By Andrew Mayer
Secret Agent has a problem with people who think there’s no room for innovation within the classic power-trio format.
“Nowadays, there’s too much emphasis on the novelty of things,” says Jonathan Bunce, the band’s bass player, taking aim at music critics with attention deficits.
“Stuff is only considered worthy of your time if it is something new, something you’ve never heard before. Just because [we’re] guitar, bass and drums it’s considered not new, it’s not innovative. That’s why many bands are dismissed.”
That’ll learn ya not to pre-judge this band based on their simplistic instrumentation.
Bunce, guitarist James Sullivan and new drummer Dean Wales craft post-punk of a most explosive variety, approximating the robust guitar squall of Mission of Burma and the relentless energy and token melodicism of Jawbox to forge a sound that vaults and careens with tenacity.
The band has been together since September ’94 (back then with a different drummer), and put out a four-song cassette in June of 1995. This past summer, the band got closer to airing a full-length album, releasing the eight-song ep From Conception to Execution , a most excellent cross-section of their talents.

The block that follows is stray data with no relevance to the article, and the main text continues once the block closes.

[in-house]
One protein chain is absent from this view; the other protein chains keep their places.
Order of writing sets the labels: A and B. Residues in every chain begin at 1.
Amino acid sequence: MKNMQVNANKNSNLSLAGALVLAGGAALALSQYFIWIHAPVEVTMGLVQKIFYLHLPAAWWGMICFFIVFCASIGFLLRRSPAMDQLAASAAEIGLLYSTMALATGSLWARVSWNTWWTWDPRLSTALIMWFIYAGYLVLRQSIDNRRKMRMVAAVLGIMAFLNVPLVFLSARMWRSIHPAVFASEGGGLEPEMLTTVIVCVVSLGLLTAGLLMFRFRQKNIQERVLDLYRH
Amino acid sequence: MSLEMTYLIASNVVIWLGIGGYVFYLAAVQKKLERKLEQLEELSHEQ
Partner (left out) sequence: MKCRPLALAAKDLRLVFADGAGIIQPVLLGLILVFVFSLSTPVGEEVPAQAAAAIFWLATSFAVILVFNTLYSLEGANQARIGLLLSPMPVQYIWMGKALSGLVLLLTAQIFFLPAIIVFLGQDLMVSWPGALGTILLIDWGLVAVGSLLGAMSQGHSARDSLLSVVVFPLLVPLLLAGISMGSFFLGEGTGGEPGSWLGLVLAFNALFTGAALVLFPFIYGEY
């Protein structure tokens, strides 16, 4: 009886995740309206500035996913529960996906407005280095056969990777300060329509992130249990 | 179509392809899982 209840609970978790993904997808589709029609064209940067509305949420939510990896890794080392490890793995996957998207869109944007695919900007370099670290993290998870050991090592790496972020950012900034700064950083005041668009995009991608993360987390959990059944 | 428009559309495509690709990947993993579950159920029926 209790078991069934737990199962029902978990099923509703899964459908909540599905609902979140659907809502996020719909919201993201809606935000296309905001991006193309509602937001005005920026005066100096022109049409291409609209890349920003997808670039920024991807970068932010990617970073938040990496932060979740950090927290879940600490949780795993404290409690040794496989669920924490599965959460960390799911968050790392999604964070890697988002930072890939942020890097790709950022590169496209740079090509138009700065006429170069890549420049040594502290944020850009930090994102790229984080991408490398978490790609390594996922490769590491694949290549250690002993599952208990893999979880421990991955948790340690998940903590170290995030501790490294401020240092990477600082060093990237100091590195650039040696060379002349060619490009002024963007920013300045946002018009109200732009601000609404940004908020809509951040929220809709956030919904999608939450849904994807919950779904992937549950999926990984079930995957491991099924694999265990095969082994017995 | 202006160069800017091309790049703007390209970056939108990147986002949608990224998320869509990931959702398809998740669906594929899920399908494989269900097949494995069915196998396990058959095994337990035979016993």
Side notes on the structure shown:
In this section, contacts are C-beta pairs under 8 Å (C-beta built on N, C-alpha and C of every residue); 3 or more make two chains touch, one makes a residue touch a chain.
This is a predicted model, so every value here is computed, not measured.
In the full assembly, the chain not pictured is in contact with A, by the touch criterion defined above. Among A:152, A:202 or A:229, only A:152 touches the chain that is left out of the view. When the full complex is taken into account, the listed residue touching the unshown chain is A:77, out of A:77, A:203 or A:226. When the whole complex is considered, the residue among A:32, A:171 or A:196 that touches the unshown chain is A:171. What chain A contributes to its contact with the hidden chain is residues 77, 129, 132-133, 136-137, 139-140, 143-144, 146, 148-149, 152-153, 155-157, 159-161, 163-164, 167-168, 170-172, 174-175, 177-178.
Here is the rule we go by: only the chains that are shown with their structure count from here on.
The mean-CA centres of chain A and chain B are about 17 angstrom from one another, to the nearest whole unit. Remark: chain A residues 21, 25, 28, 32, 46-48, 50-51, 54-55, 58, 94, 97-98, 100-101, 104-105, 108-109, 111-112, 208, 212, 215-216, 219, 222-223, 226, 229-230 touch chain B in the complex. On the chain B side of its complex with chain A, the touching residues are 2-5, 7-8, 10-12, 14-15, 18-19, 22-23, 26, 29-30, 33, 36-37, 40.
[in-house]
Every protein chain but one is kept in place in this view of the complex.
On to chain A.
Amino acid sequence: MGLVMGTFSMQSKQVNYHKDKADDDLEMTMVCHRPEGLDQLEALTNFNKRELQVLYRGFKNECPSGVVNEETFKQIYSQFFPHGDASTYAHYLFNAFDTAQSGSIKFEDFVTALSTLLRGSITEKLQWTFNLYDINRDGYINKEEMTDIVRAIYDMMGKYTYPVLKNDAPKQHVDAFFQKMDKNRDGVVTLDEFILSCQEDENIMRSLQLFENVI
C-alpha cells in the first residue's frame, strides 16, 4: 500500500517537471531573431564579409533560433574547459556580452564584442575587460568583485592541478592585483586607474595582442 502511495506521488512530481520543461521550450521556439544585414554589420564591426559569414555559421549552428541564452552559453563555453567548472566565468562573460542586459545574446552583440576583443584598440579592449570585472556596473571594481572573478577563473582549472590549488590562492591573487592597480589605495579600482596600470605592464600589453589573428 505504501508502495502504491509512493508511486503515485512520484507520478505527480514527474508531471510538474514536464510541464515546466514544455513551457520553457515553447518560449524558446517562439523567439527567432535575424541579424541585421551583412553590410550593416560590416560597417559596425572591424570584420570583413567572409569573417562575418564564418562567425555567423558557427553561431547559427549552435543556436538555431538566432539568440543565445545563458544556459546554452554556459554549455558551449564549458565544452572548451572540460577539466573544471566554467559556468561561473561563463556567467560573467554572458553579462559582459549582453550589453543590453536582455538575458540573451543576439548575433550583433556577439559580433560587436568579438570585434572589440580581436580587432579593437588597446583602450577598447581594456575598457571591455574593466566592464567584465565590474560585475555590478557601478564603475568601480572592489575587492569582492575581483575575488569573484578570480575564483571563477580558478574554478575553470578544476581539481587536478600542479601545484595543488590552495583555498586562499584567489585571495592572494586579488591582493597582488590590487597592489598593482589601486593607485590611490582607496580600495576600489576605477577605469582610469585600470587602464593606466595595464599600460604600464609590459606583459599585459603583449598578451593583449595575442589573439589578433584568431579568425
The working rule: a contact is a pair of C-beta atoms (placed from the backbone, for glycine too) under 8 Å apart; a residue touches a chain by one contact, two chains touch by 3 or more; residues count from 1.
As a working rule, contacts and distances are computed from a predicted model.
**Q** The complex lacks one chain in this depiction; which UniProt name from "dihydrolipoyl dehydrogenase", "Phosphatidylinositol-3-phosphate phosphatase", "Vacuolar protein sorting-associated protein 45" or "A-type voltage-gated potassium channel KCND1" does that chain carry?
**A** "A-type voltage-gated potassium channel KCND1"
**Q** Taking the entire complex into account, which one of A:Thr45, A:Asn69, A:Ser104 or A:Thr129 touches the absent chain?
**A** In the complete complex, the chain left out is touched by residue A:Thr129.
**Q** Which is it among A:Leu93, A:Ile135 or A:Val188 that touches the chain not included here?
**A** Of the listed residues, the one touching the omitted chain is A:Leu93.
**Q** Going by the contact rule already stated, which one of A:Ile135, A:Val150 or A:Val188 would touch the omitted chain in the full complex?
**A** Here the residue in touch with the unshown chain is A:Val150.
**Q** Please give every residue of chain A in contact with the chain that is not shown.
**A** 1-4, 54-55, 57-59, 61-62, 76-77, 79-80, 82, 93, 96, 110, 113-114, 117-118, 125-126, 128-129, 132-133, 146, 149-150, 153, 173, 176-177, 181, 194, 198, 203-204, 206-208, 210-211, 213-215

The album is out on Mum and Dad Records, the label founded by Bunce and David Rogers, who plays in another Toronto band, Neck; in addition to Secret Agent, Mom and Dad’s roster includes Neck, Magic Lamp and Mean Red Spiders.
Bunce says that starting their own label bought them a little freedom. “It’s really just a means to put out whatever we want, side projects and stuff.”
Opening for Milwaukee’s The Promise Ring tomorrow night at Club Shangai, the boys in Secret Agent implicitly understand that their music will probably not buy them mass appeal—they’re cognizant of the fact that the indie-rock landscape is littered with the corpses of major-label contracts.
“Could a major label really profit from a band like us?” Sullivan wonders aloud.
“We’ve seen it happen so many times, that indie bands have been signed to a major label and then dumped later on, because they weren’t commercially viable.”
But, as Bunce adds, that may actually be a liberating thought. “We don’t want to have anyone to answer to, someone coming into the studie saying, ‘Why don’t you write a three minute pop song so you can get some radio play?”” And don’t think that Bunce and Sullivan have any romantic notions about Captain CanCon coming to save the day.
“I find the Canadian music industry pretty bleak,” says Bunce. “It’s just a branch-plant economy, copying second-hand what’s going on in the States and England, usually five years behind the times. There’s really no support for artists who attempt to innovate. We exist pretty much outside of [the industry].”
And in light of the industry’s attitude, it seems that Secret Agent would do best to ignore the tripe that the major record companies deem worthy of their attention.
“I don’t even know what people are listening to these days,” says Bunce. “I don’t really know what’s going on, but I’m sure it’s pretty removed from what we’re doing. I guess in that sense, I really don’t mind us being outsiders.”